TQ: The director/DP thing mostly grew out of necessity. Since I had a job at a high school and was free all summer it was difficult to find a DP that had as much free time as I, and would work for no immediate money. Because of this, I shot my first feature myself and then began working as a camera assistant and B camera op for local films. I learned a great deal from Eugene on The Other America, where I was pushed to improve my compositions and to search for intimate or important narrative moments the A camera may not see. I then was a camera assistant for DP Sam Levy on Head Trauma. Sam is an insanely talented DP – professional, creative, technically astute, and very willing to teach. Once at Temple, I began shooting shorts for friends. Last year, two of the films I shot were award first and third place in the Eastman Scholars Competition.
Doing both tasks can be taxing – and often one can suffer when I'm feeling tired (for instance, in the most emotional scenes for the performers, the image often took a back seat). However, Mark Doyle was a lifesaver in this area – often giving quiet notes or asking for more time to light a scene so that we could get the most out of each sequence. It's hard to find collaborators who are technically proficient, artistic, and who are willing to ride shotgun as production stretches for three years. Mark never asked for thanks or more credit – he just showed up every day and kicked ass. That sort of thing is invaluable for directors working with limited resources and I couldn't have made the film without him.
My goal was to have "beauty shots" that could convey space and subtext between scenes and to make performance paramount in the character scenes.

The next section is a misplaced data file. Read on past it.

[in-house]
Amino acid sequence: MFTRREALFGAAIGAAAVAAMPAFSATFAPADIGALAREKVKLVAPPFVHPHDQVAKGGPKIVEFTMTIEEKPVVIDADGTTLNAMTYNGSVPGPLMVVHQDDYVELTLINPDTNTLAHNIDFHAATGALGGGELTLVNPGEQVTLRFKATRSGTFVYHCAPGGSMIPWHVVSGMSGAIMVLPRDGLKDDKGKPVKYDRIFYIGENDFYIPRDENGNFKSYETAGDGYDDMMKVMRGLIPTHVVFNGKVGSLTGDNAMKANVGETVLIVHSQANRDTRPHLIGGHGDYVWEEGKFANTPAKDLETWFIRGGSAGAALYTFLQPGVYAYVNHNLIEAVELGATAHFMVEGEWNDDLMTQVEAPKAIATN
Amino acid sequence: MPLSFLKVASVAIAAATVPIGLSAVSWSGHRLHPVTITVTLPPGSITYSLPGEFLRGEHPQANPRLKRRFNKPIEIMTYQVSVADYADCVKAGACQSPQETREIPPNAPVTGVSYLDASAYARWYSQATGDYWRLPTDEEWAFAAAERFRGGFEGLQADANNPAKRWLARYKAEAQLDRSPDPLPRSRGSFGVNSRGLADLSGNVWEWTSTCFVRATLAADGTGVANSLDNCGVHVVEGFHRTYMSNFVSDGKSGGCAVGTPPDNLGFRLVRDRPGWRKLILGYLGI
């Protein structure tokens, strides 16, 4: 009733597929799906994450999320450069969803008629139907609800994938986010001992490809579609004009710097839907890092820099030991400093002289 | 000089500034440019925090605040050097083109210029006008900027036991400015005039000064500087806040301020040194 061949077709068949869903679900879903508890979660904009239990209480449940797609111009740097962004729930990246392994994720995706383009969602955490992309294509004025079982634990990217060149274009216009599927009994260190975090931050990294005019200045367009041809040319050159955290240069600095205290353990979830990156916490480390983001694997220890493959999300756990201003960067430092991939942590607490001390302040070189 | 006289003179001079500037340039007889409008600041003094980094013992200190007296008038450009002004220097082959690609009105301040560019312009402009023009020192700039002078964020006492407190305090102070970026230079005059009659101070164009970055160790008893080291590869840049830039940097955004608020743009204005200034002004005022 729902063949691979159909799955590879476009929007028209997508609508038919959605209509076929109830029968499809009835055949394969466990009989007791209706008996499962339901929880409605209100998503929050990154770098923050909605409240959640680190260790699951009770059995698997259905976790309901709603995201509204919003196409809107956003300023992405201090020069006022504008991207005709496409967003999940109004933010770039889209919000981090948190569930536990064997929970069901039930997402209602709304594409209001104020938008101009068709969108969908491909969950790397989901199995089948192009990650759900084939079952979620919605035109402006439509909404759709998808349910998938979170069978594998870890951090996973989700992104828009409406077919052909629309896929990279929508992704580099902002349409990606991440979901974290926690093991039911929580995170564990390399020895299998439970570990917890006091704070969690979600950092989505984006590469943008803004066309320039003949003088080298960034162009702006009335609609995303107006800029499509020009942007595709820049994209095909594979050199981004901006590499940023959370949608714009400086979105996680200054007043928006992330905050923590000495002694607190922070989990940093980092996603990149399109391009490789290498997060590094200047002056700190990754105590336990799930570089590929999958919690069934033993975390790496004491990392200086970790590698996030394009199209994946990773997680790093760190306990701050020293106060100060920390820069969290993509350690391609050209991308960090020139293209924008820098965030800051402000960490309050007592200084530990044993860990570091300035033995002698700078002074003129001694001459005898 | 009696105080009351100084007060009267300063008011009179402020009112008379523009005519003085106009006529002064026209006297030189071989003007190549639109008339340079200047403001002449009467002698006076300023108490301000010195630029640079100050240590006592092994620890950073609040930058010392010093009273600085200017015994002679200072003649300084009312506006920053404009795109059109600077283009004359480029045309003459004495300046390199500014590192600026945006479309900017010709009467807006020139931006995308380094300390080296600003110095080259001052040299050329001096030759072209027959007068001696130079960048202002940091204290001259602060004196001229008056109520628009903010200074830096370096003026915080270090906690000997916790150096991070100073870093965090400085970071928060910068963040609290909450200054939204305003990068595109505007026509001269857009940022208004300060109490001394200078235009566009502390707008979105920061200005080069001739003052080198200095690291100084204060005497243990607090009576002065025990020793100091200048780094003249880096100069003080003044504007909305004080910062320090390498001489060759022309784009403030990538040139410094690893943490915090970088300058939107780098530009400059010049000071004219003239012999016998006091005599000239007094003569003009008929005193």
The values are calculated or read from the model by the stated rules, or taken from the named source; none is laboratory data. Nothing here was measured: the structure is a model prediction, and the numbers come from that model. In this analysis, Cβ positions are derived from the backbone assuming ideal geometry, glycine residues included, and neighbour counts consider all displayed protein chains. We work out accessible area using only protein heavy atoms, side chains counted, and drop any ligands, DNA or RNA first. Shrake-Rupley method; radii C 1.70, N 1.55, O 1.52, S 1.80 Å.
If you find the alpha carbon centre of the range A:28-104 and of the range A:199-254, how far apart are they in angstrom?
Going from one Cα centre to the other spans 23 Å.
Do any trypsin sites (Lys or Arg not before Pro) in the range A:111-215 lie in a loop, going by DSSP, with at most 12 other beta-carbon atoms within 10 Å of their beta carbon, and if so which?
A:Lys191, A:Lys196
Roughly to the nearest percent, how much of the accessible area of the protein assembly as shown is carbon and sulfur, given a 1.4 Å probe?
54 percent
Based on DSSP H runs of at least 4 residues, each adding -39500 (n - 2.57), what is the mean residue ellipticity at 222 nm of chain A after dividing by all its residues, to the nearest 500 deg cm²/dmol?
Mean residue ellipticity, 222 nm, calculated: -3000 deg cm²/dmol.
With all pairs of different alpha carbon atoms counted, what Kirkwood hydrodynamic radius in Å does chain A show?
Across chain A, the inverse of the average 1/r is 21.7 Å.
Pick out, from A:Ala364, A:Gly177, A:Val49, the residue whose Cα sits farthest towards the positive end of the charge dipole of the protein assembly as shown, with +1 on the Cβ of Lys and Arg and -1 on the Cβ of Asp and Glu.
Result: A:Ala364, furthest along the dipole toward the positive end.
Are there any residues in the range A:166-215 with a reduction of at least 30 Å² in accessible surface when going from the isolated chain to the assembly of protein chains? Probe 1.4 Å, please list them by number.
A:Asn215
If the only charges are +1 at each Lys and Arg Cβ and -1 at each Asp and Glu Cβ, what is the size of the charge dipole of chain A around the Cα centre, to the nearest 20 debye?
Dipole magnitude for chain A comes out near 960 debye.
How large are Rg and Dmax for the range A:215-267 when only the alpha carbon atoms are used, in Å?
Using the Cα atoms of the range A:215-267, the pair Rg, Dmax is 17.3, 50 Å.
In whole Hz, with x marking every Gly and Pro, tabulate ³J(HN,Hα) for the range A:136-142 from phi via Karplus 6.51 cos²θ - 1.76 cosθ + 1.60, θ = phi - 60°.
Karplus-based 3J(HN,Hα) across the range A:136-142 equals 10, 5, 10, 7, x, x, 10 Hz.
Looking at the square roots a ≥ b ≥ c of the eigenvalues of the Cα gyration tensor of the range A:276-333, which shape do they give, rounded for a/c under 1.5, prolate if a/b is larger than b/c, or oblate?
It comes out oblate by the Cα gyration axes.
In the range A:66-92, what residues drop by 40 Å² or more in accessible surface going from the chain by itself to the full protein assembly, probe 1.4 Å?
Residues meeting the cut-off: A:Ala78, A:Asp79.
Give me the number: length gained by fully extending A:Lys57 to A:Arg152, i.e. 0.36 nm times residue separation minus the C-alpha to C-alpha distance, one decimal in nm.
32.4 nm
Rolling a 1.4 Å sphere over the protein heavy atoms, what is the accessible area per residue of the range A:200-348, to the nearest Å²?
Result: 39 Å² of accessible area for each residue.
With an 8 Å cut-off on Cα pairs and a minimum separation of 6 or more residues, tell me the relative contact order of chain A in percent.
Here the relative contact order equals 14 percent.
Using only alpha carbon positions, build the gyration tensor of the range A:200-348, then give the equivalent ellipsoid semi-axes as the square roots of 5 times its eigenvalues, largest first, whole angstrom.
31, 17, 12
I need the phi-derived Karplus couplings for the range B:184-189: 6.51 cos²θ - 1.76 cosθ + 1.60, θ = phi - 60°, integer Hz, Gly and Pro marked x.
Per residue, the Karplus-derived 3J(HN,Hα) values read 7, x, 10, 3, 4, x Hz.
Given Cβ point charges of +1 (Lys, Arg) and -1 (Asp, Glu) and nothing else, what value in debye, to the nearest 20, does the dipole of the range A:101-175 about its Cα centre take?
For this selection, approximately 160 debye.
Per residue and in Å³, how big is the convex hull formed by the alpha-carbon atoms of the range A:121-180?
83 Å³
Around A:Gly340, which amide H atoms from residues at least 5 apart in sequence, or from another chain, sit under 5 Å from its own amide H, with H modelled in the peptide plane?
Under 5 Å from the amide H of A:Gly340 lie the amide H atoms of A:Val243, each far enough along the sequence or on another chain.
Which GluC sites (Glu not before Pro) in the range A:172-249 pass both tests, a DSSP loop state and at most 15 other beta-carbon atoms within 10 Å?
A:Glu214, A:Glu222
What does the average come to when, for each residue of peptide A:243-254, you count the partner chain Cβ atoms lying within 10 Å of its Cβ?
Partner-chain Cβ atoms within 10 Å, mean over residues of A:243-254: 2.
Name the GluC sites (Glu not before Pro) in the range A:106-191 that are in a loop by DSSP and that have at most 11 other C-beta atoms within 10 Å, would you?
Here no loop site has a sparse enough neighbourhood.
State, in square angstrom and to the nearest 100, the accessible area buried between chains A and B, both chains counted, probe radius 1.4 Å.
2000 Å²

CEC: Do you think your films reflect your personality, preoccupations, ideas? What life experiences have informed your skills as a director most?
TQ: I think I'm still learning what my preoccupations are. It's clear that family, in a broad sense, is one that keeps popping up. Mostly, I like figuring out how people work – my friends, family, and self included – and I think that the stories I'm attracted act as a record of the people I care about – even though they are fictionalized by the end.
As weird as it is, waiting tables for several years was probably the best thing I could have done to build a skill set. I'm very shy by nature and I remember being frozen in fear the first night I trained as a waiter. I couldn't approach a table full of people I didn't know and was practically shaking. Over time, I learned how to walk up to a large group of people, get a sense of what their personalities were, and make sure they left happy. In a way, that's what I like now about directing, and working with nonactors especially. Entering the South Philly String Band club where 100 guys practice in private every week was as terrifying as that first night at the diner years ago. But over time I got a sense of who they were and what was important to them, forming close bonds and making friends. It's great to make films with no monetary resources because relationships and community become key to survival. I love that.